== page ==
The Citizen and CNS have violated the rights to dignity and privacy of a teenager who was allegedly assaulted by the police for loitering.  The story, titled “Mad over cop hiding” (The Citizen, 29/05/09, p. 81), by news agency CNS, showed a picture of the teenager’s bruised buttocks with his name and age written in the caption. While the article was provided by an agency, both the agency and the newspaper share responsibilities for ensuring that children’s rights are protected.

By publishing the boy’s name, surname and age, as well as the name and surname of his mother, the story violates the boy’s right to privacy. This is problematic both legally and ethically.

The story reveals that a case of assault had been opened against the police officers who assaulted the boy and his friend. The law is clear that his identity should not be revealed. Section 154 (3) of the Criminal Procedure Act states: “No person shall publish in any manner whatever information which reveals or may reveal the identity of the accused under the age of 18 years or of a witness at criminal proceedings who is under the age of 18 years”.

In the future, The Citizen and CNS need to be careful about revealing names of children who will potentially appear in court.

It is also not in the best interest of the child for his personal details to have been published in the newspaper. In circumstances like this, direct or indirect identification of children in the media puts them in potential danger of being victimised by their accused, accused’s’ family members or friends, or people that might sympathise with the accused.

The other serious violation committed in this story was showing the picture of the teenager’s bruised buttocks.  The Citizen, by publishing this picture, and the agency by making it available, have violated his right to dignity, particularly given that the boy’s name is provided in accompanying caption.

Media Monitoring Africa (MMA) would argue that the photograph is not necessary in telling the story. The picture is invasive and in the long run may expose him to teasing by peers, and be cause for embarrassment.The photograph is also problematic because it exposes the child’s naked buttocks.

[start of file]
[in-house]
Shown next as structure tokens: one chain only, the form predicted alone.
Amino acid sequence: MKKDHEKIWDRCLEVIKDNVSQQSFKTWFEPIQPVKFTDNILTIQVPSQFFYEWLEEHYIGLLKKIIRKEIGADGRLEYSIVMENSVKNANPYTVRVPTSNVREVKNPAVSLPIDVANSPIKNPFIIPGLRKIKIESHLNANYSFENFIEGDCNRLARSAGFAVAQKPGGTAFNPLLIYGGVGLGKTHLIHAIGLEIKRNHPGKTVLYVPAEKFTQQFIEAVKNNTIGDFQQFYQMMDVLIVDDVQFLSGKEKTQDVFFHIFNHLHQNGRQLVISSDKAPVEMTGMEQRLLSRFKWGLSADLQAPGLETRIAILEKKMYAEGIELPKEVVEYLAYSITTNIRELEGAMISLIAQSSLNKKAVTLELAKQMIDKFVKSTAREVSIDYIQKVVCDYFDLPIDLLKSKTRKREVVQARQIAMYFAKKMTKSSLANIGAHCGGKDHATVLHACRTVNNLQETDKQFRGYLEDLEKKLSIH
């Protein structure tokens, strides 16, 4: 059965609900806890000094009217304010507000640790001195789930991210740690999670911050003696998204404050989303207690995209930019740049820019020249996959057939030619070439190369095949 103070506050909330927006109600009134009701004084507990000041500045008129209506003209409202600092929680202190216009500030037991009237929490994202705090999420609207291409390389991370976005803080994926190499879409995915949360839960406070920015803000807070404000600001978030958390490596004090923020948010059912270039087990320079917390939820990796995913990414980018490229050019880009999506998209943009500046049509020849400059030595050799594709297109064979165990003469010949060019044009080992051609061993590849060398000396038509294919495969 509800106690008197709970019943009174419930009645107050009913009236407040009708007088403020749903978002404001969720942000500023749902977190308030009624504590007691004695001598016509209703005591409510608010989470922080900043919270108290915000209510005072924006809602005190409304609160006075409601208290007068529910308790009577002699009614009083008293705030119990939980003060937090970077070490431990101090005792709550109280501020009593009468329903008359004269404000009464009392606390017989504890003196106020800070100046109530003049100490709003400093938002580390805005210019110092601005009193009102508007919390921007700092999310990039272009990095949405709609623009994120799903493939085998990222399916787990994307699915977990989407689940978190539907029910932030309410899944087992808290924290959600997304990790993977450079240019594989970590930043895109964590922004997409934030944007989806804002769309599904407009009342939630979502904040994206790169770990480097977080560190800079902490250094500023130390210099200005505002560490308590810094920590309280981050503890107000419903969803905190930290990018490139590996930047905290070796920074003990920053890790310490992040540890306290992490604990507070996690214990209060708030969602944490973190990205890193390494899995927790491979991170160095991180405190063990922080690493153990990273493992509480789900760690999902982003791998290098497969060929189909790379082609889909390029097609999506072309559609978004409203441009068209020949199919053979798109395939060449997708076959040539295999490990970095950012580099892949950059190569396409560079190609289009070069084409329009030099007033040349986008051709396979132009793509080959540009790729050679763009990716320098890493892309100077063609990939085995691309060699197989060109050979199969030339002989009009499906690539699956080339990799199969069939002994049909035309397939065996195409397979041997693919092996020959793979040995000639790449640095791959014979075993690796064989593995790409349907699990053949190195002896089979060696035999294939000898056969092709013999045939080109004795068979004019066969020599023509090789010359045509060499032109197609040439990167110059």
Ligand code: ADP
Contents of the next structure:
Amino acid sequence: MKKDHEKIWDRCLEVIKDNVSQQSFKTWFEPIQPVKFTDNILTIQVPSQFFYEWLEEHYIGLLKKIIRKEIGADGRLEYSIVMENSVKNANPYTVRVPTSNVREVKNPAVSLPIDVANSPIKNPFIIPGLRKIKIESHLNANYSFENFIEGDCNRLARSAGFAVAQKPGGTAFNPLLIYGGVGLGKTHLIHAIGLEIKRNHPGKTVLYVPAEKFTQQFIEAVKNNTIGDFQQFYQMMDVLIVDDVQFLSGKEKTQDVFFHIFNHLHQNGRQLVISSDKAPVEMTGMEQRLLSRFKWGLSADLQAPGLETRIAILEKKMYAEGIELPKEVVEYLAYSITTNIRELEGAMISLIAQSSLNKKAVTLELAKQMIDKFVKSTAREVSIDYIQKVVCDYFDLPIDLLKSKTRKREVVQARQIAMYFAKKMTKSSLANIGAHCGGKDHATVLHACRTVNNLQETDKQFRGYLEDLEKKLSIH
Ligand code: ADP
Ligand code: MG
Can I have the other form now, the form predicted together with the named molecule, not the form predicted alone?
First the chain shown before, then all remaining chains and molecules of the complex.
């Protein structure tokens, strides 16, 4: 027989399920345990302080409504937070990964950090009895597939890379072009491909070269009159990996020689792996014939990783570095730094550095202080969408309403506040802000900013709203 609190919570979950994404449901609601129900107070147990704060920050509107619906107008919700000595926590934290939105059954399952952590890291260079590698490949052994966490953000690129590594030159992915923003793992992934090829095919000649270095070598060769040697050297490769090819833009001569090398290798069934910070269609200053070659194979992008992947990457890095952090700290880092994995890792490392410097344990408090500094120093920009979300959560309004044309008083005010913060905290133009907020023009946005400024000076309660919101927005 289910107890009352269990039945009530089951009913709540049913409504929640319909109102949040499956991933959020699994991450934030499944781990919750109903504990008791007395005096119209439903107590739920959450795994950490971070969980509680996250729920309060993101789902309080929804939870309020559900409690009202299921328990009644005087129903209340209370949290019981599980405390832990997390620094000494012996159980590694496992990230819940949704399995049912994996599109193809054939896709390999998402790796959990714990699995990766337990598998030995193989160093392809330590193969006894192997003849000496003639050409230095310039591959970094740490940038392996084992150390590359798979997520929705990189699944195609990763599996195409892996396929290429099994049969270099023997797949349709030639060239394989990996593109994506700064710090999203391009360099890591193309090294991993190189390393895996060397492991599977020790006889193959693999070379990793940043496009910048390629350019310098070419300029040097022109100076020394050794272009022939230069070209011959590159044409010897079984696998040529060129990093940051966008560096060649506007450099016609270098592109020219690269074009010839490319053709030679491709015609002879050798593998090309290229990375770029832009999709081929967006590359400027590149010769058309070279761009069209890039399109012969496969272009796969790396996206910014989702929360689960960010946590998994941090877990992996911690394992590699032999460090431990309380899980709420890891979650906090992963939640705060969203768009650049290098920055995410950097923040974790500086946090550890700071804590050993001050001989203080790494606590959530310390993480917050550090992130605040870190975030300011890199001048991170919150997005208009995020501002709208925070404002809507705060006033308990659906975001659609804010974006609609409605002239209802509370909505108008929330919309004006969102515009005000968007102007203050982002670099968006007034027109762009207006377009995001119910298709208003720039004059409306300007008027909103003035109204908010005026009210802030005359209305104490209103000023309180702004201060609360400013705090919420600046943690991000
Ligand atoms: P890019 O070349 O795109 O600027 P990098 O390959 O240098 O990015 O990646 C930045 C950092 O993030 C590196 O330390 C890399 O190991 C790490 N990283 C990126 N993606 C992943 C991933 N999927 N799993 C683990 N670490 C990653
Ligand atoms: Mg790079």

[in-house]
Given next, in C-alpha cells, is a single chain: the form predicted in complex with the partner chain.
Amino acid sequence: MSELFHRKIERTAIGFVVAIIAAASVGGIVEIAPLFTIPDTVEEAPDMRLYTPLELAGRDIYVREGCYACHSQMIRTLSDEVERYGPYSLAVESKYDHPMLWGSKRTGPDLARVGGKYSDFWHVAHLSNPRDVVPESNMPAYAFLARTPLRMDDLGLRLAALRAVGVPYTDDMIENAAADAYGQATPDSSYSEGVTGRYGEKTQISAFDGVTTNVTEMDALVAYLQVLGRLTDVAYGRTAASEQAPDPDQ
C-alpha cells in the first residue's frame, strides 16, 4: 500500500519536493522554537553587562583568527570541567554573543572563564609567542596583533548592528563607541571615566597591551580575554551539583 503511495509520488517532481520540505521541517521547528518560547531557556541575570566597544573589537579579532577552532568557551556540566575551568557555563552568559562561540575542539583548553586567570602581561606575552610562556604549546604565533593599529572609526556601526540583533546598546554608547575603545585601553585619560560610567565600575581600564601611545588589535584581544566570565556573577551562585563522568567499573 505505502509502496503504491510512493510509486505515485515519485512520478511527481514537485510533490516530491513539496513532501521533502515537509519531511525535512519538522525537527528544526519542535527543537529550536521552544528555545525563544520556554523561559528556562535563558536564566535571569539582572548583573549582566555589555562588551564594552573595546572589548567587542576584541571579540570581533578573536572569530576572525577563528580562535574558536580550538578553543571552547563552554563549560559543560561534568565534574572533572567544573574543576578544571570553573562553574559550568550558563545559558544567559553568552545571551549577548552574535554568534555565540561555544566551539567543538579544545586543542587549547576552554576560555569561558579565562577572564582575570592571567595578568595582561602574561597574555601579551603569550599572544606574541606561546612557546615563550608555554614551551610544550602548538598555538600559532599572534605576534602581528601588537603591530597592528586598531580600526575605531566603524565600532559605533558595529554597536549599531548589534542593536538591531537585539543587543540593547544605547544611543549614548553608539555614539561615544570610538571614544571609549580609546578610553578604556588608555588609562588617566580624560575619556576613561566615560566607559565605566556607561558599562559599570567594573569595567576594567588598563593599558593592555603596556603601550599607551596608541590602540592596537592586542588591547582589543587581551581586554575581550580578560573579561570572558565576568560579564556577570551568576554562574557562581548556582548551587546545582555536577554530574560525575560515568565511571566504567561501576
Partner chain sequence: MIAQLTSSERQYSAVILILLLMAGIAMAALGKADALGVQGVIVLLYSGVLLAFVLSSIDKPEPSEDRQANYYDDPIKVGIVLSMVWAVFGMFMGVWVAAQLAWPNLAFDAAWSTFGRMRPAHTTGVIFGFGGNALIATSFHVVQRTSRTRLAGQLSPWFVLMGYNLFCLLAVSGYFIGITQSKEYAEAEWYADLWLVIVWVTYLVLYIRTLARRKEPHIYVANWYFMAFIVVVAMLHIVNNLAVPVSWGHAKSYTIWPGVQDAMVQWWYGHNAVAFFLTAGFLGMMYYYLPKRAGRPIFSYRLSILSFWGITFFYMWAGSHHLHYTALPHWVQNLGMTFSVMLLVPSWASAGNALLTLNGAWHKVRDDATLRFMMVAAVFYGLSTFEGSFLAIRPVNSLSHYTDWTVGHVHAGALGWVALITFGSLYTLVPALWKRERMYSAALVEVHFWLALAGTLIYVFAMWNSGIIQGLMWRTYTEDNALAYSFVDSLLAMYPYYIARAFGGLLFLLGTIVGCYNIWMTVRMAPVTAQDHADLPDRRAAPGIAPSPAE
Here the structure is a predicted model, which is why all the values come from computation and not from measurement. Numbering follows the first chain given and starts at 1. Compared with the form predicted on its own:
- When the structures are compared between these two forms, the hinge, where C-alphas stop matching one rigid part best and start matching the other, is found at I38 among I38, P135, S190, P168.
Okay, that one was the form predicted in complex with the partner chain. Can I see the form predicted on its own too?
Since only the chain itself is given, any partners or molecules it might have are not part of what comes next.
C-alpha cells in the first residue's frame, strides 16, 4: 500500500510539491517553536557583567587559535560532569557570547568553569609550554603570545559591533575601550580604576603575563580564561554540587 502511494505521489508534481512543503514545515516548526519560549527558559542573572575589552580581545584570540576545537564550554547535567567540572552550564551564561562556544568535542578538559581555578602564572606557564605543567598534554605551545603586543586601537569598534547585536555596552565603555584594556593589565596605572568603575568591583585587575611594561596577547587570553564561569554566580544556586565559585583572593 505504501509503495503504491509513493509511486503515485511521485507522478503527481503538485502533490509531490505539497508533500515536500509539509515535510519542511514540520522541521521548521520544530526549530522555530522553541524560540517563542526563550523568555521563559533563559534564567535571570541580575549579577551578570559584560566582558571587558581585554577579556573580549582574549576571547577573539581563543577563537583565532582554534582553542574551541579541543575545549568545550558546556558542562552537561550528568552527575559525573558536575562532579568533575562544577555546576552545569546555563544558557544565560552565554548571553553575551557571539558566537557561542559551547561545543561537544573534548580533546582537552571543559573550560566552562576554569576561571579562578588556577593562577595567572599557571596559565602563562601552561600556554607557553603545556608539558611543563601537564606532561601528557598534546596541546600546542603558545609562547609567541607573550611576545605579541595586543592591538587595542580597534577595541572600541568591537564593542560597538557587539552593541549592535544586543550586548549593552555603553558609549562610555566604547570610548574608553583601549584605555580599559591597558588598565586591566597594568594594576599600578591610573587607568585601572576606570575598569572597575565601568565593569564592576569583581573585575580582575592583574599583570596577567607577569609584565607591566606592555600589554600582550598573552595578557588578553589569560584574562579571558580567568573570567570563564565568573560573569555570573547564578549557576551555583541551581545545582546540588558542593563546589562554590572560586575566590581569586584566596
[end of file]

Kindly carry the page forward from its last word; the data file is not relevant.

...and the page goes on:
According to the Press Code, a photograph like this could be interpreted as child pornography as it show a private part of a child’s body, which could be used for purposes of sexual exploitation. It states:

“For purposes of this Code (The SA Press Code), ‘child pornography’ shall mean: Any image or any description of a person, real or simulated, who is or who is depicted or described as being, under the age of 18 years, engaged in sexual conduct; participating in or assisting another person to participate in sexual conduct; or showing or describing the body or parts of the body of the person in a manner or circumstances which, in context, amounts to sexual exploitation, or in a manner capable of being used for purposes of sexual exploitation.” [own italics].

The Criminal Law (Sexual Offenses and Related Matters) Amendment Act of 2007 would not regard the photograph as pornography. This is because of the emphasis placed on reason for publication. The Act is worded similarly to the Press Code, but also stipulates, “Images or descriptions which are neither sexual in nature nor capable of being used for the purpose of sexual exploitation would not amount to child pornography”.

Even though the Press Code and the law might read the photograph differently, it would have been better for The Citizen not to publish the photograph as a matter of good ethics and for the sake of protecting the child’s rights to dignity and privacy.

It would have been sufficient to provide a written description of the kind of injury incurred by the teenager without showing the picture. Care would need be to be taken in the language used, to ensure that the description did not violate his right to dignity. Omitting identifying details would have helped to ensure protection of dignity. Adding the picture to the story only serves to shock the public it does nothing in terms of serving the public’s right to access of information.

The article does not explain whether or not police brutality in Brakpan is a big problem. Readers might, for example, wonder why loitering is an offense and why the police were so brutal on the boys for something that might seem to be a minor issue. Analysis of these areas would give context and better fulfil the media’s role of serving the public by informing them.

MMA’s analysis is that the story was essential to tell because it exposed police brutality and misconduct. However, the manner in which the story was reported was sensational and failed dismally to give context to the incident. Most importantly, however, both the newspaper and agency should have protected the child’s rights to privacy and dignity by not naming him or publishing such an invasive picture.


1Due to legal and ethical considerations, MMA has concealed, in the article and picture, depiction of the child’s buttocks, and any identifying details.